BAKERSFIELD, Calif. (KGET) — A judge’s ruling granting a former Kern deputy permanent disability retirement has been overturned by an appellate court that found the judge failed to apply the proper standard of review.
The case will be sent back to Kern County Superior Court for another hearing in light of the 5th District Court of Appeal’s June 21 ruling.
Under state law, Superior Court Judge Eric Bradshaw was required to give a strong presumption the retirement board’s decision was correct, according to a three-judge appellate panel.
The former deputy, Michael Blue, had the burden of providing evidence showing the board’s decision was “jurisdictional excess, a serious error of law, or an abuse of discretion.”
But Bradshaw’s comments in a hearing on the matter three years ago suggest he misunderstood the importance of the considerable weight the board’s decision should have received, the appellate court said.
“I think that was a correct way to state what I did, which was to independently weigh the evidence and come to a decision,” Bradshaw said.
He never discussed what evidence Blue presented to overcome the strong presumption needed to reject the board’s decision.
The case has its origins in June 2011 when Blue confronted a man who reports say was trying to break into vehicles. The man knocked Blue to the ground and another deputy discharged a Taser but it had no effect, according to court documents.
The man grabbed Blue’s baton and raised it as Blue stood up. Blue fired his gun several times, striking and fatally wounding the man.
The deputy saw a department psychologist about “intrusive thoughts” he experienced after the shooting, court documents say.
Three doctors diagnosed Blue with post-traumatic stress disorder and restricted him from law enforcement work. Blue last worked as a deputy in March 2012.
Blue applied June 2013 to Kern County Employees’ Retirement Association (KCERA) for a service-connected disability retirement. KCERA’s medical officer reviewed the doctors’ reports and found insufficient evidence Blue could no longer work as a deputy, the documents say.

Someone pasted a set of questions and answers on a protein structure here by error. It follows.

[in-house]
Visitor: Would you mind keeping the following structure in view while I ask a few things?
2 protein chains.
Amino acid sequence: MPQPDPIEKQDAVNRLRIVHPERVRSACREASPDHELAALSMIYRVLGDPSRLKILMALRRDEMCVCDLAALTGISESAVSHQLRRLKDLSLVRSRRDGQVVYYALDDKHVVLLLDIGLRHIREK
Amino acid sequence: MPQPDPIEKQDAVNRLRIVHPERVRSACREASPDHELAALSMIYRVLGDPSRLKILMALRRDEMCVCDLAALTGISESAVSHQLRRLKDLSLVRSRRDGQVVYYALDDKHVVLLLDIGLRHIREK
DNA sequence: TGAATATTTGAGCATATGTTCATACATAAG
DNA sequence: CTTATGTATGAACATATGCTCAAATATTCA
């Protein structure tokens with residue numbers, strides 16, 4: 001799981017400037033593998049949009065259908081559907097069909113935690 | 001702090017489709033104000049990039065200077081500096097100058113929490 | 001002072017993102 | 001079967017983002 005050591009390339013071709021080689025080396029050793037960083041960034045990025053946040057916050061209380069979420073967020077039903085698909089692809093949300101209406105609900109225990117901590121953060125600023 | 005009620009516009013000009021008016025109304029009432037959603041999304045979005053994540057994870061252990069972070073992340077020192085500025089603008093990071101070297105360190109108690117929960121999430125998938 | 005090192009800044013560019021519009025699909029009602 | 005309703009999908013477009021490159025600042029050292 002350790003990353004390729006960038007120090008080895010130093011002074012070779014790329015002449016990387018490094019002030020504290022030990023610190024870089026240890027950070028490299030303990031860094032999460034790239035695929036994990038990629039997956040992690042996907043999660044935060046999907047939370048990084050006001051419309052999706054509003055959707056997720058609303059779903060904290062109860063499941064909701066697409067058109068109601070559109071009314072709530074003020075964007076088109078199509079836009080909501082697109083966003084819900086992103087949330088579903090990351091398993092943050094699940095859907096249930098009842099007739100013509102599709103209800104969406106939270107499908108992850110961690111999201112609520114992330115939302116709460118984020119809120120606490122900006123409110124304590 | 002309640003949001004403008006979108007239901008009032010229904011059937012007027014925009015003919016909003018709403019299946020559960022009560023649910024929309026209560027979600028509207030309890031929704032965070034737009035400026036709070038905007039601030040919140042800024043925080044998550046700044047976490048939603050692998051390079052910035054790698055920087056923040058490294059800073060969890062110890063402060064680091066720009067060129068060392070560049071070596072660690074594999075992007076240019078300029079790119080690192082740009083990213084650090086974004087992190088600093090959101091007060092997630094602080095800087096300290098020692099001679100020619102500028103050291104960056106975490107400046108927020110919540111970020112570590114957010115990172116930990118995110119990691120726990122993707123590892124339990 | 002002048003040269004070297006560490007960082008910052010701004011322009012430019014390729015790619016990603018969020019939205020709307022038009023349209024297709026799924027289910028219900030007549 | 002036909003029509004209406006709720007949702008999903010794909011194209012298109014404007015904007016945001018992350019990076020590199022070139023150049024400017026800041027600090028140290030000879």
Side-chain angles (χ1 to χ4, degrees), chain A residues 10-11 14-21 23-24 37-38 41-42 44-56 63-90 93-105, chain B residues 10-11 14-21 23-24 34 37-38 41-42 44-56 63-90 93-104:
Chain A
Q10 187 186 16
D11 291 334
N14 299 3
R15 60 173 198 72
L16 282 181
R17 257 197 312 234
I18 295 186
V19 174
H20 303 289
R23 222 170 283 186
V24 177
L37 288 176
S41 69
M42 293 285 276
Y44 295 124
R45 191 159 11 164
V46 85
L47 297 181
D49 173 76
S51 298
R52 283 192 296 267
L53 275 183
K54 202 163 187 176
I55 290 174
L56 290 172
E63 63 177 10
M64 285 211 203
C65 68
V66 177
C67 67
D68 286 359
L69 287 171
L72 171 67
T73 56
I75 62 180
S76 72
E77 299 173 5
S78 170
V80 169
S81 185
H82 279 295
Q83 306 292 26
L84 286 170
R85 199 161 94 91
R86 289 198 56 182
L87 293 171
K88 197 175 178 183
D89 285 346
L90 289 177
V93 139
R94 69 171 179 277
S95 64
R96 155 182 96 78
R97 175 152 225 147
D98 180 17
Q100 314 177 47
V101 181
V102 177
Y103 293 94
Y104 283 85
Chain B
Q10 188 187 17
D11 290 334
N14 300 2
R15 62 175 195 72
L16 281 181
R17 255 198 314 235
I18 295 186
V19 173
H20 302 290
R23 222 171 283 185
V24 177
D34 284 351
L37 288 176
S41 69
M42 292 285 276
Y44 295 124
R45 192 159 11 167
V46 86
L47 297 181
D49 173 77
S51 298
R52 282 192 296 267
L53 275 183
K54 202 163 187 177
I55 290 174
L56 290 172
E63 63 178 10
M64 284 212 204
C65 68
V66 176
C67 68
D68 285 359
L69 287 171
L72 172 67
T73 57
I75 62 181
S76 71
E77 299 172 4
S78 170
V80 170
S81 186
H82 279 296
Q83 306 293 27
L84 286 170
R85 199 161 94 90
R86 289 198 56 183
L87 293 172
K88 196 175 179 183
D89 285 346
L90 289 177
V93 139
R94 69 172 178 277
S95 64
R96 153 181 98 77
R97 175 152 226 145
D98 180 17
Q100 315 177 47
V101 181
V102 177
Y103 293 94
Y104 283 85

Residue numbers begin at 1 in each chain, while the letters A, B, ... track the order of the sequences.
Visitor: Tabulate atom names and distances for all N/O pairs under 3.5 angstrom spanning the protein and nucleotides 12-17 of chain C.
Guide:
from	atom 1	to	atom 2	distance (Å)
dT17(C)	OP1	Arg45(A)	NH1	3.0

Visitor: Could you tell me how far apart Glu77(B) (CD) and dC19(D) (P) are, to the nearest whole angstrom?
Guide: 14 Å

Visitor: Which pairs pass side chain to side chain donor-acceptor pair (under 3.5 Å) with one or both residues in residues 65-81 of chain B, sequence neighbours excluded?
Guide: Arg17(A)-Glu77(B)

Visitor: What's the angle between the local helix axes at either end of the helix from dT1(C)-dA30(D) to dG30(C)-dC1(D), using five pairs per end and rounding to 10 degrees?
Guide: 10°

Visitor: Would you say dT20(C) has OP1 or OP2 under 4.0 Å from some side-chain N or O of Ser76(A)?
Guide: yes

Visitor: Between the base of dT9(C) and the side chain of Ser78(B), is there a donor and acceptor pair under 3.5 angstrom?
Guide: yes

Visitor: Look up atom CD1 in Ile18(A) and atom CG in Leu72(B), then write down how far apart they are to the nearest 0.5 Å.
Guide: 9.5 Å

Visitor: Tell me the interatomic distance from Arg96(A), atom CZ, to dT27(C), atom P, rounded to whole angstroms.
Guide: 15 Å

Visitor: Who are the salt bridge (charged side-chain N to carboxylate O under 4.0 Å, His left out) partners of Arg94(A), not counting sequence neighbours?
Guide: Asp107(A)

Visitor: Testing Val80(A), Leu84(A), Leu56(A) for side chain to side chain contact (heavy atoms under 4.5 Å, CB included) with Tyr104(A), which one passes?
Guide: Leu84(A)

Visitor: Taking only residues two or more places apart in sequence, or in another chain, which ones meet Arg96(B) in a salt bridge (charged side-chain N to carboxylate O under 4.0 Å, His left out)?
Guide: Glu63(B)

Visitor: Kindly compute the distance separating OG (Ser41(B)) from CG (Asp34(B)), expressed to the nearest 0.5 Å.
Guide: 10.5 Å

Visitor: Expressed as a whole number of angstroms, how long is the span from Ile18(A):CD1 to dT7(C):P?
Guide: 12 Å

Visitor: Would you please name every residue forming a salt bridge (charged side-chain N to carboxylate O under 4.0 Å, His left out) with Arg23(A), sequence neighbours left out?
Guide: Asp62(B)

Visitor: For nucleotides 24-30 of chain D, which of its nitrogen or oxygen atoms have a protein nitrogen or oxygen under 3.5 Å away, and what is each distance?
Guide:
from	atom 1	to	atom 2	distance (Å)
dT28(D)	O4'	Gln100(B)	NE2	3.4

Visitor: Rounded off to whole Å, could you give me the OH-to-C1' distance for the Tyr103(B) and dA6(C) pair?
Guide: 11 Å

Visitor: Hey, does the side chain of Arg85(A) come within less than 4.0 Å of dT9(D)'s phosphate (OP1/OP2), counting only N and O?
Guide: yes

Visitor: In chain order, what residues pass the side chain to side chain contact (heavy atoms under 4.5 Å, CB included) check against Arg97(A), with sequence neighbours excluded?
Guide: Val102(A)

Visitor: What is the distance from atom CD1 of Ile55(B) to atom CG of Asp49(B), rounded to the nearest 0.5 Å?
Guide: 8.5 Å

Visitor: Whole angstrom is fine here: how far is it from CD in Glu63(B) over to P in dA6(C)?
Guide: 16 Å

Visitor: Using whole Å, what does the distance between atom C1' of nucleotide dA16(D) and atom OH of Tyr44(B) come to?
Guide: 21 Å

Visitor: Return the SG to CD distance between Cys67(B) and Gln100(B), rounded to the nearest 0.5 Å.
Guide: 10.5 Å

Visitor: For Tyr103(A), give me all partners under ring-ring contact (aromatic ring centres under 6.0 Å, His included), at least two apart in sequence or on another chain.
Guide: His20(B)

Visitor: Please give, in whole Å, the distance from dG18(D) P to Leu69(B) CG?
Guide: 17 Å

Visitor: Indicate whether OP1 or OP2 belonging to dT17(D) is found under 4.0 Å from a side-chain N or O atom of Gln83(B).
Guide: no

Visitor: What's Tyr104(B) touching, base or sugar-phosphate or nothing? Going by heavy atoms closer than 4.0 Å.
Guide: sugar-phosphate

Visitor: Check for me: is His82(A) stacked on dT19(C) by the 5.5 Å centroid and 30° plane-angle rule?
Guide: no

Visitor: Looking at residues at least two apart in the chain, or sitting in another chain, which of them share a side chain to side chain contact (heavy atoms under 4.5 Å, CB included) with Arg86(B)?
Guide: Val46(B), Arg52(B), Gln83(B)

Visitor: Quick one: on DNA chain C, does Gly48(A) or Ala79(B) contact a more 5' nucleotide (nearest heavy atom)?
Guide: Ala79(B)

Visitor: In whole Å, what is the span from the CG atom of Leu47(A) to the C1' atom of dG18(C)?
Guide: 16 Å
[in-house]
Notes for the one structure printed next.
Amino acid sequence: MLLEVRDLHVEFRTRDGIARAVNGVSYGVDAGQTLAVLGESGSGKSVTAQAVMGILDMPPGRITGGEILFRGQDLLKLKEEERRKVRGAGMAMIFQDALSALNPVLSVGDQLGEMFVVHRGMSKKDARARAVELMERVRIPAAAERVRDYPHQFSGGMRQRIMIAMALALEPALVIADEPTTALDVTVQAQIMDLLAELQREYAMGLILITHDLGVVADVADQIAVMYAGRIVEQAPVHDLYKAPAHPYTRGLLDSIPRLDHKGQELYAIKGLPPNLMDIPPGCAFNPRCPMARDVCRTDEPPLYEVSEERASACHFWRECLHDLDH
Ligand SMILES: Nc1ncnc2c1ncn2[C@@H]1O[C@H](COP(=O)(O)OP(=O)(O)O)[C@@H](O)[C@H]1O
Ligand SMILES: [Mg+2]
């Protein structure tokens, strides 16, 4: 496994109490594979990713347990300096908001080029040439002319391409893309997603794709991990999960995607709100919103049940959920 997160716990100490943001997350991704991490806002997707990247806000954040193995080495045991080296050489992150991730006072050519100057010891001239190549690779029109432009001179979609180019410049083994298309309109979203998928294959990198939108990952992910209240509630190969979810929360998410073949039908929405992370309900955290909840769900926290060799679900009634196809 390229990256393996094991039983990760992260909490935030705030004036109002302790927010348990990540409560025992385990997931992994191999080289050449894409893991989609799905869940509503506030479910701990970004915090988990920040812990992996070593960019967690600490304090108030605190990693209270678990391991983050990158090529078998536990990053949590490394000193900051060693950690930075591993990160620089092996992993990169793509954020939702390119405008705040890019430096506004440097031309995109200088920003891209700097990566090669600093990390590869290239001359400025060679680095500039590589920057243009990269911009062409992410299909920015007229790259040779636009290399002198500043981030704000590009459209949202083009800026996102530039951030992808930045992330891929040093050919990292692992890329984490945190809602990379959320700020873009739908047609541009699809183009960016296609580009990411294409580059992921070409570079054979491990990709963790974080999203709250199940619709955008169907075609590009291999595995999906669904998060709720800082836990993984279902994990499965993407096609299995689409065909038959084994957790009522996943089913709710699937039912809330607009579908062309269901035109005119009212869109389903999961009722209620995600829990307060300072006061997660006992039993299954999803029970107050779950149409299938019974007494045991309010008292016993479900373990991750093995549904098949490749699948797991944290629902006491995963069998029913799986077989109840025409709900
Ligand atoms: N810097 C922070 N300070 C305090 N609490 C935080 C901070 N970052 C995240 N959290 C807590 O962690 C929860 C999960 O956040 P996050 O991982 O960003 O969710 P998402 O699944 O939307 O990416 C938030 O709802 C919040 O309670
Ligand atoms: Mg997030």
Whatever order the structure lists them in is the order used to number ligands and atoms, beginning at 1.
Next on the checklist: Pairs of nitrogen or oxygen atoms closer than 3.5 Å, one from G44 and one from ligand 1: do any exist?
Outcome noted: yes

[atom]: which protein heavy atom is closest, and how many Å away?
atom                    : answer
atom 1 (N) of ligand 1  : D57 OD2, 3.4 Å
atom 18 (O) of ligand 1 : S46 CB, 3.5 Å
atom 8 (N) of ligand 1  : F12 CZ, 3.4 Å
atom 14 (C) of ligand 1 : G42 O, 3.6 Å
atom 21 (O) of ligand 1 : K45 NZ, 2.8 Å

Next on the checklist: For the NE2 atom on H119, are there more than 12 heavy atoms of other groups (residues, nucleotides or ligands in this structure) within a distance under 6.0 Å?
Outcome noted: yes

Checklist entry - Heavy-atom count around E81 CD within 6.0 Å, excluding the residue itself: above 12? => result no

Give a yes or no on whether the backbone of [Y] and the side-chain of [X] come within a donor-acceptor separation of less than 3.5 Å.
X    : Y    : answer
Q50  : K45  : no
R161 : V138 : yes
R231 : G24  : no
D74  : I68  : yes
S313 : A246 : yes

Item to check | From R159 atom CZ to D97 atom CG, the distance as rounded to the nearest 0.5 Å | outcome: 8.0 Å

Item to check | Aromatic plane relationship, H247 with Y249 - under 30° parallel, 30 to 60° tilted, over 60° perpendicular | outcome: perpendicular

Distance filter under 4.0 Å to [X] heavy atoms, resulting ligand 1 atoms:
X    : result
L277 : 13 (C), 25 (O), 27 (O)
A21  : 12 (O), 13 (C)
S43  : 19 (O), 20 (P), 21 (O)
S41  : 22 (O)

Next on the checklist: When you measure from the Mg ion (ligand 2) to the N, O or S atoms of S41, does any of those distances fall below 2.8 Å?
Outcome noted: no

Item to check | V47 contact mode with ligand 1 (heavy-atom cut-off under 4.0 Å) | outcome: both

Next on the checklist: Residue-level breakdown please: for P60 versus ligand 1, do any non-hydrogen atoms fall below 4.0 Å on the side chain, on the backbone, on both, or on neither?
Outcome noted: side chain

KCERA denied Blue’s application. The deputy requested a hearing on the matter.
Following the hearing, an arbitrator found “no substantial evidence” Blue was permanently incapacitated from performing his regular duties, according to the documents. The arbitrator recommended the disability retirement be denied and the association adopted his recommendation.
Blue took the issue to court, and in 2018 Bradshaw found in his favor.
The judge said he found a “preponderance of the substantial evidence supports the determination that (Blue) is permanently incapacitated from working as a deputy sheriff due to a service-connected mental injury, PTSD…,” the documents say.
Bradshaw overruled objections filed by KCERA. The association appealed.
The appellate court in its ruling says Bradshaw misunderstood the correct standard of review and appeared to give no deference to KCERA’s administrative decision. Bradshaw instead appeared from the beginning to give both sides equal weight.
Indeed, Bradshaw said he didn’t find a serious error in KCERA’s decision. He described it as a “close case” he resolved by exercising his own judgment.
“Well, I think that it seems to me that once you tell a Superior Court judge that they have to exercise independent judgment, that that’s what they’re required to do regardless of what the administrative agency did,” Bradshaw said.
The appellate court says that was incorrect.
“We recognize that this standard is not always easy for a trial court to apply, but here, based on the whole record, we must conclude the trial court misapplied the independent judgment standard in this case,” the court’s ruling says.
It goes on to say, “While the bottom-line question for the trial court under the independent judgment standard was whether or not Blue showed that his evidence outweighed KCERA’s, the court’s failure to properly apply the presumption of correctness warrants remand.”
A hearing on the matter had not been scheduled.